June 1984. It was a Tuesday, but I don't remember which one. I was in the back room of Camelot Music, cracking open that week's shipment. The boxes bulged with new releases from Prince, Elton John, Rod Stewart and John Waite. The Footloose soundtrack had been out for six months, but cases full of records and cassettes bearing Kevin Bacon's dancing booty still arrived in the shipment every week. Every. Single. Week.

Tucked in among the same old crud that Tuesday was a pretty cool looking record. The dude on the sleeve sported a good haircut -- and in 1984 that was half the battle.

"What's that?" my coworker, Robin, asked.

"I don't know."

"Is that Steven Tyler?"

"I don't think so," I said.

"Let's put it on and find out," Robin replied, and he grabbed the album out of my hands and headed for the turntable. This is what we heard:

At the time I was subsisting on a diet of Echo and the Bunnymen's Ocean Rain, Siouxsie and the Banshees' Hyaena and R.E.M.'s Reckoning, administered aurally around the  clock. My coworker Robin took regular stylus injections of the Johns (Cafferty, Fogerty, Prine) and the Boss. We couldn't have been any different musically is my point, though his "party around back" mullet brought balance to my face obscuring Peter Murphy bangs.

And yet, there we stood at the front counter of Camelot Music, both digging "Church Not Made With Hands." We didn't even get to the end of A Pagan Place's first side before we were digging through the Phonolog, the big yellow catalog of every record in print, trying to figure out who the hell the Waterboys were and what albums we missed.

"You think they'll tour?" I asked.

"If they did, do you really think they'd come to this podunk little town?" Robin said.

The album's first single -- which our cruddy little mall record store didn't stock -- explained how two such disparate music fans could find common ground:

I have heard the big music
And I'll never be the same
Something so pure
Just called my name

Mike Scott painted with the same grandiose strokes as the Bruce contingent, but the Waterboys' music had more of a post-punk vibe. And yet it didn't: There were no cheesy synthesizers, no robotic vocals, no distant cool. A Pagan Place was organic. "These guys are like Irish Springsteen," Robin said.

"No, they're like Irish R.E.M.," I countered. We were both right, and we were both wrong. They were like the Waterboys. Also, they weren't so much from Ireland as all of the British Isles.

For the next few weeks I hovered over the Tuesday shipment like an expectant mother, waiting for my special order copy of the band's self-titled 1983 debut. I didn't even wait to pay for it when it finally arrived, just slit the shrink wrap and dropped this classic cut onto the store's turntable. Maybe this is your first time hearing "A Girl Called Johnny." If so, I envy you. I'd love to experience that moment again.

They were just getting started. The next two albums, 1985's This is the Sea and 1988's Fisherman's Blues, were even better than their predecessors. The latter is when the band really hit their "Irish folk" stride, embracing not only Celtic instrumentation and musical conventions, but even setting Irish poet W.B. Yeats to music in "Stolen Child."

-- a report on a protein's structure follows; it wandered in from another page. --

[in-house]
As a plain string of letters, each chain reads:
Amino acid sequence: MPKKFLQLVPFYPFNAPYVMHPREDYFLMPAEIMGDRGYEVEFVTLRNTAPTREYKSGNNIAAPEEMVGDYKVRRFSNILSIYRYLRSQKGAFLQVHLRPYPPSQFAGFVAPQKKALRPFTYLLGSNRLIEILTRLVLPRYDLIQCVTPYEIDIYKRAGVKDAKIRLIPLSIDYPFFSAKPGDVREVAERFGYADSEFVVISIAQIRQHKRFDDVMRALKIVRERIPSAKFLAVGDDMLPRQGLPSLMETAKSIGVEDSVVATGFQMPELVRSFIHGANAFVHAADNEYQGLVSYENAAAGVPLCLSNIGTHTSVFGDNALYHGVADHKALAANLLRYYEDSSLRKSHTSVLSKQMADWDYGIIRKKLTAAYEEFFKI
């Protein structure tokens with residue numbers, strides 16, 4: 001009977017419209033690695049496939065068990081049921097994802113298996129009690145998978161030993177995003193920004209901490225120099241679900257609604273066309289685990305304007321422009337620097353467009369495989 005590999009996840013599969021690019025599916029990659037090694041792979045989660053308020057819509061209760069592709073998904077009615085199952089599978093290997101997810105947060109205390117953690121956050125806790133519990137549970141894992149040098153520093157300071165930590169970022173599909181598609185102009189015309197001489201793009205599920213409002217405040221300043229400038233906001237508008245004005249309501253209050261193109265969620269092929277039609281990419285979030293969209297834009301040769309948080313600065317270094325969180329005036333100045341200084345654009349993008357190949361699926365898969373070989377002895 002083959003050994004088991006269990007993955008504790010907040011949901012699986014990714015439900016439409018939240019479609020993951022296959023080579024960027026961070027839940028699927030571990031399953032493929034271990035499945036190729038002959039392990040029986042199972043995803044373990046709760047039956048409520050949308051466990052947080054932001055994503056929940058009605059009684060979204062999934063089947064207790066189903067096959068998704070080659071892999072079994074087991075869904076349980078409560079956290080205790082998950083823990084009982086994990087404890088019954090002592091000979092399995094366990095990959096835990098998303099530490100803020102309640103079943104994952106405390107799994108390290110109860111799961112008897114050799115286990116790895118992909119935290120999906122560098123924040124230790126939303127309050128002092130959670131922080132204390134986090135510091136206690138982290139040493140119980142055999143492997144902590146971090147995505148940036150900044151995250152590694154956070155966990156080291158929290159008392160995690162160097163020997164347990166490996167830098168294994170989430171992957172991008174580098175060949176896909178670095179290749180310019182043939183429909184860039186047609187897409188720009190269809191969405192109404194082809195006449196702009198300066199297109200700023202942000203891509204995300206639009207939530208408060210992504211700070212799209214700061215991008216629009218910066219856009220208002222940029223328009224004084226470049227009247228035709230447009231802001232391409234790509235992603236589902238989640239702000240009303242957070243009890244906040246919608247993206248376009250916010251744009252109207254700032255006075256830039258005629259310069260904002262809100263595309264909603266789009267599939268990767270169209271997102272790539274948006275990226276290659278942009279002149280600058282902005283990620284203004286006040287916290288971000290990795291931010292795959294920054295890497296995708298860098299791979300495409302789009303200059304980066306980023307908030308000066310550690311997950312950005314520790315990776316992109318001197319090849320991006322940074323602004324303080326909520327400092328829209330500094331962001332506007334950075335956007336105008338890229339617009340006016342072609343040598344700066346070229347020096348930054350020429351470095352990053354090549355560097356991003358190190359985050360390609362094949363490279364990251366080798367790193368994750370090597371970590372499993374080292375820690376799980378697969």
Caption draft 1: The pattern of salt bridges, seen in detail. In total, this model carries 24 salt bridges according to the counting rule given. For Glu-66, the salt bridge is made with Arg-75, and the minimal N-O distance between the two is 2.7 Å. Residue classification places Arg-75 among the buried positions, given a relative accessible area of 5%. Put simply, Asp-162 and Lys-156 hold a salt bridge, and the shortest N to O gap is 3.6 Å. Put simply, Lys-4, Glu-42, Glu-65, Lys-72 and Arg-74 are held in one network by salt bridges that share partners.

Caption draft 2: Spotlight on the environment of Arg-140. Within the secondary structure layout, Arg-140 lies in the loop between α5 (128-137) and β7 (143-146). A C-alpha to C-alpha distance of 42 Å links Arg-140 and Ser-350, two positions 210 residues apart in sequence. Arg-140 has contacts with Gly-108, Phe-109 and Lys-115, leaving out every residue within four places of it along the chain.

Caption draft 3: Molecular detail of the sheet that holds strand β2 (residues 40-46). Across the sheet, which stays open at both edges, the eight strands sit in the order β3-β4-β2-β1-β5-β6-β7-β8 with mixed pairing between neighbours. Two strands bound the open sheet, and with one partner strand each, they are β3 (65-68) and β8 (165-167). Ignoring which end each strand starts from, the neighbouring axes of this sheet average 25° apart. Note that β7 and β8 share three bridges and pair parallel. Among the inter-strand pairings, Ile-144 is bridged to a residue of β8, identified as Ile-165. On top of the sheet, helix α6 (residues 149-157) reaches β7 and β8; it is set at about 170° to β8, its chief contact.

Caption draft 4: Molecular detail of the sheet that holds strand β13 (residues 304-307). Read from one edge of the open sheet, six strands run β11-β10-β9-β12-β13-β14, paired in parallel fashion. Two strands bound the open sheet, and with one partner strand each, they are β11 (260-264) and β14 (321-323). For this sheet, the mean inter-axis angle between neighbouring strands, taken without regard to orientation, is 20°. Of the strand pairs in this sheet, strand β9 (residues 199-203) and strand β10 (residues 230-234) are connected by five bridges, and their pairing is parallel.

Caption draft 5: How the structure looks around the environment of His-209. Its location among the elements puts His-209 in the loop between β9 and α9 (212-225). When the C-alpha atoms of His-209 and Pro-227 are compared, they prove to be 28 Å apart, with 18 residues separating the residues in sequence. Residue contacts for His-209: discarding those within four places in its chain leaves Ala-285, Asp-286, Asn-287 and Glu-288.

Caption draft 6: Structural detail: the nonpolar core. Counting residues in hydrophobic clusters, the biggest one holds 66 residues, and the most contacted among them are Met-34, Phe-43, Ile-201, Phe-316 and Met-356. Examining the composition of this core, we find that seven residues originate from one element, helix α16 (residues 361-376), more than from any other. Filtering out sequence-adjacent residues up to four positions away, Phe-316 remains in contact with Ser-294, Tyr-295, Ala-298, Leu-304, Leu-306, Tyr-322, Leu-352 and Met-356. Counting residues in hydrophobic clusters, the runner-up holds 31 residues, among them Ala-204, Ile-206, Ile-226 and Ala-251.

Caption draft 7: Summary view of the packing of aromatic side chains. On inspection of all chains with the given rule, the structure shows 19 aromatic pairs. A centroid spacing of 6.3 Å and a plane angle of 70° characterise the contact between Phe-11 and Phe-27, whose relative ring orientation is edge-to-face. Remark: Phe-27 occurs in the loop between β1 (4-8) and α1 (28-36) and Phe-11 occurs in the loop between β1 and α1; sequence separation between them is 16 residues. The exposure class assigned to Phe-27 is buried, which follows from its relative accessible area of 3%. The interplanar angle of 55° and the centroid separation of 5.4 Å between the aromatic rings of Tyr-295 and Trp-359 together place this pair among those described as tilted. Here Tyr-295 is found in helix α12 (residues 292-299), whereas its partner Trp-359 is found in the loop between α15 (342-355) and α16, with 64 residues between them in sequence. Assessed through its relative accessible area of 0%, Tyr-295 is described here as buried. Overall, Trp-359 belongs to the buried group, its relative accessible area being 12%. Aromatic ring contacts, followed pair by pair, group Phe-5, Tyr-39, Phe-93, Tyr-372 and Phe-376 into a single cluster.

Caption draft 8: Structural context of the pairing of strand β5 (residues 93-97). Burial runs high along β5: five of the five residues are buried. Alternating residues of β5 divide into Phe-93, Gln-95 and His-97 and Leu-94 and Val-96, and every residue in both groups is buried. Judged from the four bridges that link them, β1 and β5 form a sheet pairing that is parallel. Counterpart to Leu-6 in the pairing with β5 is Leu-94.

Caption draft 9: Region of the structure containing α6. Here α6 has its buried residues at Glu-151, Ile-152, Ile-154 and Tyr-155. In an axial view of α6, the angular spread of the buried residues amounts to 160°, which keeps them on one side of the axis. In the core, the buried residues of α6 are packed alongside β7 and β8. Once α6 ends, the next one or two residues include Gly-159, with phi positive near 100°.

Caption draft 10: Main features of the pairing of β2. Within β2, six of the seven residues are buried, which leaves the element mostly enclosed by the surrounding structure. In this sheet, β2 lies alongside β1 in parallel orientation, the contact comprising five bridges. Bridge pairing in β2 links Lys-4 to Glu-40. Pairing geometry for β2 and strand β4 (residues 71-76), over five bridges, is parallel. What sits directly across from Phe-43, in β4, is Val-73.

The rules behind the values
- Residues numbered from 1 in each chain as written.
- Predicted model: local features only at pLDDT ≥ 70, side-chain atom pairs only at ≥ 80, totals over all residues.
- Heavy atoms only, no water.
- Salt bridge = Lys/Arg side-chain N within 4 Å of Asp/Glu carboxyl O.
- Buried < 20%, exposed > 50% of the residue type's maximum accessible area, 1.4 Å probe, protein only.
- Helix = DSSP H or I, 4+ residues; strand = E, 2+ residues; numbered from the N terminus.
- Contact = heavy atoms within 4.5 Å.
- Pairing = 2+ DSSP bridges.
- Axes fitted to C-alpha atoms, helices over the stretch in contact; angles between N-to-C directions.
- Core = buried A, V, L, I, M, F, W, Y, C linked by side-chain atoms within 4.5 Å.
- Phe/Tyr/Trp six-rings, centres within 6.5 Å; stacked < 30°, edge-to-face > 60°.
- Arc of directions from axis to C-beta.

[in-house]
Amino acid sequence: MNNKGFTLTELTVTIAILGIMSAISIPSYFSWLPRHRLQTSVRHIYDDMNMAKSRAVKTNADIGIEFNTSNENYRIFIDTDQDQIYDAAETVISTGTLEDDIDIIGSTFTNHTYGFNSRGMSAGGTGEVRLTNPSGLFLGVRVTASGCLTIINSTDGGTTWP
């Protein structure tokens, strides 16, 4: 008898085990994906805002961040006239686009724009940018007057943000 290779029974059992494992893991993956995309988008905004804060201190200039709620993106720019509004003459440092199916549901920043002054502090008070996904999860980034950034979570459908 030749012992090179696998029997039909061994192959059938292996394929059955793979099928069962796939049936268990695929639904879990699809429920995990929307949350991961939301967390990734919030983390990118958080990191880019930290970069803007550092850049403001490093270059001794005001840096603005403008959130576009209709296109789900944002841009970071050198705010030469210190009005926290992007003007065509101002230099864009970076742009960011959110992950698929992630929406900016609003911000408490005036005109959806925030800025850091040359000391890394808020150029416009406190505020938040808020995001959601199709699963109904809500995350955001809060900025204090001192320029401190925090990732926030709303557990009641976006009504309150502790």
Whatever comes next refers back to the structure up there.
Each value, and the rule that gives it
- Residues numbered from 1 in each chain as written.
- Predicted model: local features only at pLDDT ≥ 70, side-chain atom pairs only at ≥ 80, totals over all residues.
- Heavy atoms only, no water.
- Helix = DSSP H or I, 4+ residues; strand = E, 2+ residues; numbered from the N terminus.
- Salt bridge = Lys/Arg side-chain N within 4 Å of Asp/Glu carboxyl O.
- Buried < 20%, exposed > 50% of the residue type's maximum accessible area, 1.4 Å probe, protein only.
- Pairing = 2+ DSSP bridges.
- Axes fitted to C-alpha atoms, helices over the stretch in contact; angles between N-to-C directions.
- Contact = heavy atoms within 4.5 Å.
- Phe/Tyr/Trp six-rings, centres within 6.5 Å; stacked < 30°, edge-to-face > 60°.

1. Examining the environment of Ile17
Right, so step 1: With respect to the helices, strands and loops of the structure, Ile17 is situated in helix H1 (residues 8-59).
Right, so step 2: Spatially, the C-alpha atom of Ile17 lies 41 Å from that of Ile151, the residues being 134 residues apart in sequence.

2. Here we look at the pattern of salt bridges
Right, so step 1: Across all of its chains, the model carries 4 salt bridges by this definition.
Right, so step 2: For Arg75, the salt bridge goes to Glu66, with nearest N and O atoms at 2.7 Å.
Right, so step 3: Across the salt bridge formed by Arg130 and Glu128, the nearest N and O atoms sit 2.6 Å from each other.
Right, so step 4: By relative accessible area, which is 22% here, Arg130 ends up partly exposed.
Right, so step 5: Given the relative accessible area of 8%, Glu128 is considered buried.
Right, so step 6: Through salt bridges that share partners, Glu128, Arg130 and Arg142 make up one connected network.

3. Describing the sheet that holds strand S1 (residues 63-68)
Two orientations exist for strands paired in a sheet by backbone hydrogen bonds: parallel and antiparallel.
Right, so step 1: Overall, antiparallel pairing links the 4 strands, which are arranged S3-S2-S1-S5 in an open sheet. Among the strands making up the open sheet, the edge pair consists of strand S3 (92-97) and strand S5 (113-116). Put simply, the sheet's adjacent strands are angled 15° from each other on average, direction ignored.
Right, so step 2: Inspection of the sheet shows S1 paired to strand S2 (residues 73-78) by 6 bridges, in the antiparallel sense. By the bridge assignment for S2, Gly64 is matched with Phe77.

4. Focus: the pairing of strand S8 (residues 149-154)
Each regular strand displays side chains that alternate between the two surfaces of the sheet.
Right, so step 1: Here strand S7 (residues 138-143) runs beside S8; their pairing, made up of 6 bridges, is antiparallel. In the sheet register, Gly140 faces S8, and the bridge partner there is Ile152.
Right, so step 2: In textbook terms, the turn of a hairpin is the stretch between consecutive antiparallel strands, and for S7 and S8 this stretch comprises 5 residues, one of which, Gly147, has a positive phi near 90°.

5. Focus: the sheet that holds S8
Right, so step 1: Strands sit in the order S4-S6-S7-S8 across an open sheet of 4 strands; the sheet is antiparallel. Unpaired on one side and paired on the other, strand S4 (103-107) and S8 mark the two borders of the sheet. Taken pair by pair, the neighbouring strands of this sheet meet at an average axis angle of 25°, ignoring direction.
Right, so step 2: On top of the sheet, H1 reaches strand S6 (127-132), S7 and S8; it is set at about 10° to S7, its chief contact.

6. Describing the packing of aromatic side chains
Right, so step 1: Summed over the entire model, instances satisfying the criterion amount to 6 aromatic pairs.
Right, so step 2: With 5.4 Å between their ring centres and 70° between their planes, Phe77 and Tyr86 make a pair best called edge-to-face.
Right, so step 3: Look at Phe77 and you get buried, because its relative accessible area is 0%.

By 1990 I'd moved away, both from the Waterboys and my buddy, Robin. The sounds that we now call alternative and grunge kept me busy while Mike Scott's revolving door of musicians (over 75 in all) kept the Waterboys alive. While I wasn't paying attention, their music veered wherever leader Scott's interest took it, from big music to more Irish folk to the almost Radiohead coolness of 2000's A Rock in the Weary Land.

And then in January 2015 the Waterboys dropped Modern Blues, their 11th album. Rolling Stone wrote:

This is a rocking album for Mike Scott, and while there are a whole new batch of names being dropped—Jack Kerouac, Charlie Parker, John Coltrane, etc.—there is no sense of repetition here, there is that same freshness and vivid aspect to Scott’s music that populated his very best work in the ’80s. It’s good stuff, it’s rock stuff and pop stuff, and it’s capable of being enjoyed by the well read and the illiterate among us equally. Which of course means it’s a big win.

It really is a great album, and damned if over 30 years after their American debut the Waterboys made their network television debut on Letterman, like so many other alt-indie bands:

Last week I finally saw the Waterboys live. Sacramento's Ace of Spades was full of former Robins and Jameses that night (May 17, 2015), our mullets and Peter Murphy 'dos long gone, but each of us delighted to hear Mike Scott in strong voice and Steve Wickham in fine fiddle.

The set list was heavy on songs from Modern Blues ("Destinies Entwined," "November Tale," "Still A Freak," "I Can See Elvis," "Rosalind," "The Girl Who Slept For Scotland"). The new material sounded great, but when Scott's keyboard rung the opening notes of "A Girl Called Johnny" I was gone -- 17 again, in the back room of Camelot Music pulling my copy of The Waterboys out of the Tuesday shipment.

Thirty-one years is a long time to wait to see a band, but it was totally worth it.